• Australia’s central bank raised its cash target rate by 25 bps to 0.35%—the first hike since 2010 and the first move in its monetary policy normalization process—with inflation accelerating and a strong economic recovery well underway.
  • The decision implies a more hawkish tightening path than we previously anticipated, but we still suspect that the RBA will remain cautious relative to international peers when raising rates.

The Reserve Bank of Australia (RBA) raised its cash target rate by 25 bps to 0.35% on Tuesday—its first hike since late 2010 (chart 1). That was larger than the 15 bps expected by markets. Citing strong inflationary pressures (chart 2) and broad and resilient economic growth, the Bank deemed that it was time to begin withdrawing the emergency levels of monetary stimulus. Though topline real GDP growth forecasts were in line with those published in February—before Russia invaded Ukraine—unemployment rate projections were cut by ¼ ppts to 3½% by early 2023—which would represent the lowest rate in some 50 years. The RBA also noted rising wages and business investment, still-high construction activity, and the boost from higher commodity prices on Australia’s resource-intensive economy. The forecast for underlying inflation was lifted to 4¾% in 2022 from 3¼% in mid-2022 in the February projections.

The RBA Board stated that it “does not plan to reinvest the proceeds of maturing government bonds and expects the Bank’s balance sheet to decline significantly over the next couple of years as the Term Funding Facility comes to an end.” The Board does not currently plan to sell government bonds that the RBA bought during the pandemic.

The need to begin efforts to stabilize inflation plus the strength of the economic recovery outweighed the two key concerns previously raised about a May hike. The first of these was a fear that the first rate hike in over a decade would impact the outcome of the Australian general election set for May 21, 2022. The second was that Q1 wage data will not be released for another two weeks; with Aussie earnings growth thus far muted relative to inflation, the bank might have opted to await more evidence of a budding wage-price spiral before lifting borrowing costs. On this latter point, the statement cited timelier data from the Bank’s liaison and business surveys, which suggests that larger wage increases are now occurring in the private sector as firms seek to attract and retain staff amid a sharply rising cost of living.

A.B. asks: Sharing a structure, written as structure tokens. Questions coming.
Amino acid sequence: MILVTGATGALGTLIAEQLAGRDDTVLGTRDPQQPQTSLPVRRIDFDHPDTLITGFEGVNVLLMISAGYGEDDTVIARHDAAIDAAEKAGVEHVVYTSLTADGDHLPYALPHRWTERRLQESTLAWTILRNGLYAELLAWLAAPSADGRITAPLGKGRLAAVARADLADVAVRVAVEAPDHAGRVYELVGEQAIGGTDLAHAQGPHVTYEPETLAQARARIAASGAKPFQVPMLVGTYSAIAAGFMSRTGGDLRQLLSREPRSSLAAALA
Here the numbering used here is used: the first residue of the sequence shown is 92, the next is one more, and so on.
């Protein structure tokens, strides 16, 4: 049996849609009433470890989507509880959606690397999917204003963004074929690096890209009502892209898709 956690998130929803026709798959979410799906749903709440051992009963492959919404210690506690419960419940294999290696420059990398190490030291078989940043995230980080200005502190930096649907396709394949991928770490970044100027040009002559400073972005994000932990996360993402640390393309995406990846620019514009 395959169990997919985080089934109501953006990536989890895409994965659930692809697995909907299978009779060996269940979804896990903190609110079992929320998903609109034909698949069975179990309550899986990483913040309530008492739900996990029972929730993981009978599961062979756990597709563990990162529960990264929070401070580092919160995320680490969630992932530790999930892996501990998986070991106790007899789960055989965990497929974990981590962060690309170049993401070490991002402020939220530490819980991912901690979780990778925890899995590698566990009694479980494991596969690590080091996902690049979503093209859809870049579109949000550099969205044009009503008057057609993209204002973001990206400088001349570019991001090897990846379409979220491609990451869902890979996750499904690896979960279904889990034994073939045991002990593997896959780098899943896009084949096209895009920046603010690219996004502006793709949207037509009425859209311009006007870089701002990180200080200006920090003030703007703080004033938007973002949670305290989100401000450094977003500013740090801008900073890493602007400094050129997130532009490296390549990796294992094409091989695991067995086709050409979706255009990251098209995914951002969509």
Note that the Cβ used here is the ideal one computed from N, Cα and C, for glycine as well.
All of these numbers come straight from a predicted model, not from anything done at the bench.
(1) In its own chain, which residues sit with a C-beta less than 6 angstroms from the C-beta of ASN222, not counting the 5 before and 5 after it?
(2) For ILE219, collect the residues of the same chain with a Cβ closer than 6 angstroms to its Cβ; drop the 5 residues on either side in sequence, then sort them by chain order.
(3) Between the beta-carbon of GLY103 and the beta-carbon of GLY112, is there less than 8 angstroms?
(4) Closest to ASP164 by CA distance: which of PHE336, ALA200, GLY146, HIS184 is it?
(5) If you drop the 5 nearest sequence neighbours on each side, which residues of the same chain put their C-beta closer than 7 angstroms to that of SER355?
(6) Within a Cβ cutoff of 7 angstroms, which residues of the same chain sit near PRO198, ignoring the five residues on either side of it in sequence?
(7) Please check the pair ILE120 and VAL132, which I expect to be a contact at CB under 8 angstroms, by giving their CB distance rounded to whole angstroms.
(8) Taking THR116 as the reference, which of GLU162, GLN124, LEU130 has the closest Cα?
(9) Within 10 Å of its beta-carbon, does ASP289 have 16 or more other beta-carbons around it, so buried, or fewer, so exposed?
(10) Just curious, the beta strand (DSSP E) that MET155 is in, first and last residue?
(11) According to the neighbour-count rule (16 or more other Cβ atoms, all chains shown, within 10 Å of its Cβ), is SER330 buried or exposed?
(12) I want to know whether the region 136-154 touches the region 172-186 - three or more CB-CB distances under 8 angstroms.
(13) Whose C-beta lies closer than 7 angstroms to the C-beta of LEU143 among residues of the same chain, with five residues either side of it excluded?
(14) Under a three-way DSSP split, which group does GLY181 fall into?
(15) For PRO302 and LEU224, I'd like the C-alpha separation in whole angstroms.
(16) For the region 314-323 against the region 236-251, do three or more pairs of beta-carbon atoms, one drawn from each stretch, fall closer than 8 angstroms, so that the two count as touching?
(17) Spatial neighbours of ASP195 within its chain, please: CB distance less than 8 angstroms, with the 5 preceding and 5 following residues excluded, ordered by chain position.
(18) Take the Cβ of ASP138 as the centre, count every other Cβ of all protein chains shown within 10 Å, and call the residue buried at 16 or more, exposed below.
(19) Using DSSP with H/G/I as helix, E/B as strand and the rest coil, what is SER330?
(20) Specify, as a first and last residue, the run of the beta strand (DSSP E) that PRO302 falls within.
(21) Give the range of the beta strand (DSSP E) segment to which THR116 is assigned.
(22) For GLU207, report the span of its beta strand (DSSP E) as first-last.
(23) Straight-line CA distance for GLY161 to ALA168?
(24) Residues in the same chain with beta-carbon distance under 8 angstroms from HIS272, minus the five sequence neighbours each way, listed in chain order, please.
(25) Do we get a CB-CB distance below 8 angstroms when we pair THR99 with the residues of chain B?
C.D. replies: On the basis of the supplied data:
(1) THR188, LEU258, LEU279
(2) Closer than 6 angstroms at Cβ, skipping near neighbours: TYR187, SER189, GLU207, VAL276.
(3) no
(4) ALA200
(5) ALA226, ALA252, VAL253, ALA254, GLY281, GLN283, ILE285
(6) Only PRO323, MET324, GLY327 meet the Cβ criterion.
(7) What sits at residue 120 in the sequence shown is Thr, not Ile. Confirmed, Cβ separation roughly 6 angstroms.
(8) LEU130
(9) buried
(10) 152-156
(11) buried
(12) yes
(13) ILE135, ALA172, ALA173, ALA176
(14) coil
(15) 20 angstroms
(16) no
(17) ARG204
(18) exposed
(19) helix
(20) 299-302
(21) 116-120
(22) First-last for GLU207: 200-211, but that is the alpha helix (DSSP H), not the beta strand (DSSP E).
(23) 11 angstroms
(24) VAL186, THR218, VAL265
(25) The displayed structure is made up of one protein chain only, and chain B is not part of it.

This decision suggests a more aggressive tightening path than we previously projected, but we still suspect that the RBA will remain cautious relative to international peers when raising rates. Significant increases to underlying inflation projections support this view, as does the Bank’s expectation of stronger wage gains ahead of the Q1-2022 data release. Wage dynamics are crucial to RBA decision-making and we previously noted a lack of official evidence of sufficiently strong earnings growth as one reason for wariness of liftoff. Still, upward price pressures in Australia remain more subdued than in many other G10 economies. The RBA’s pledge to “continue to closely monitor the incoming information and evolving balance of risks as it determines the timing and extent of future interest rate increases” also implies some circumspection going forward.


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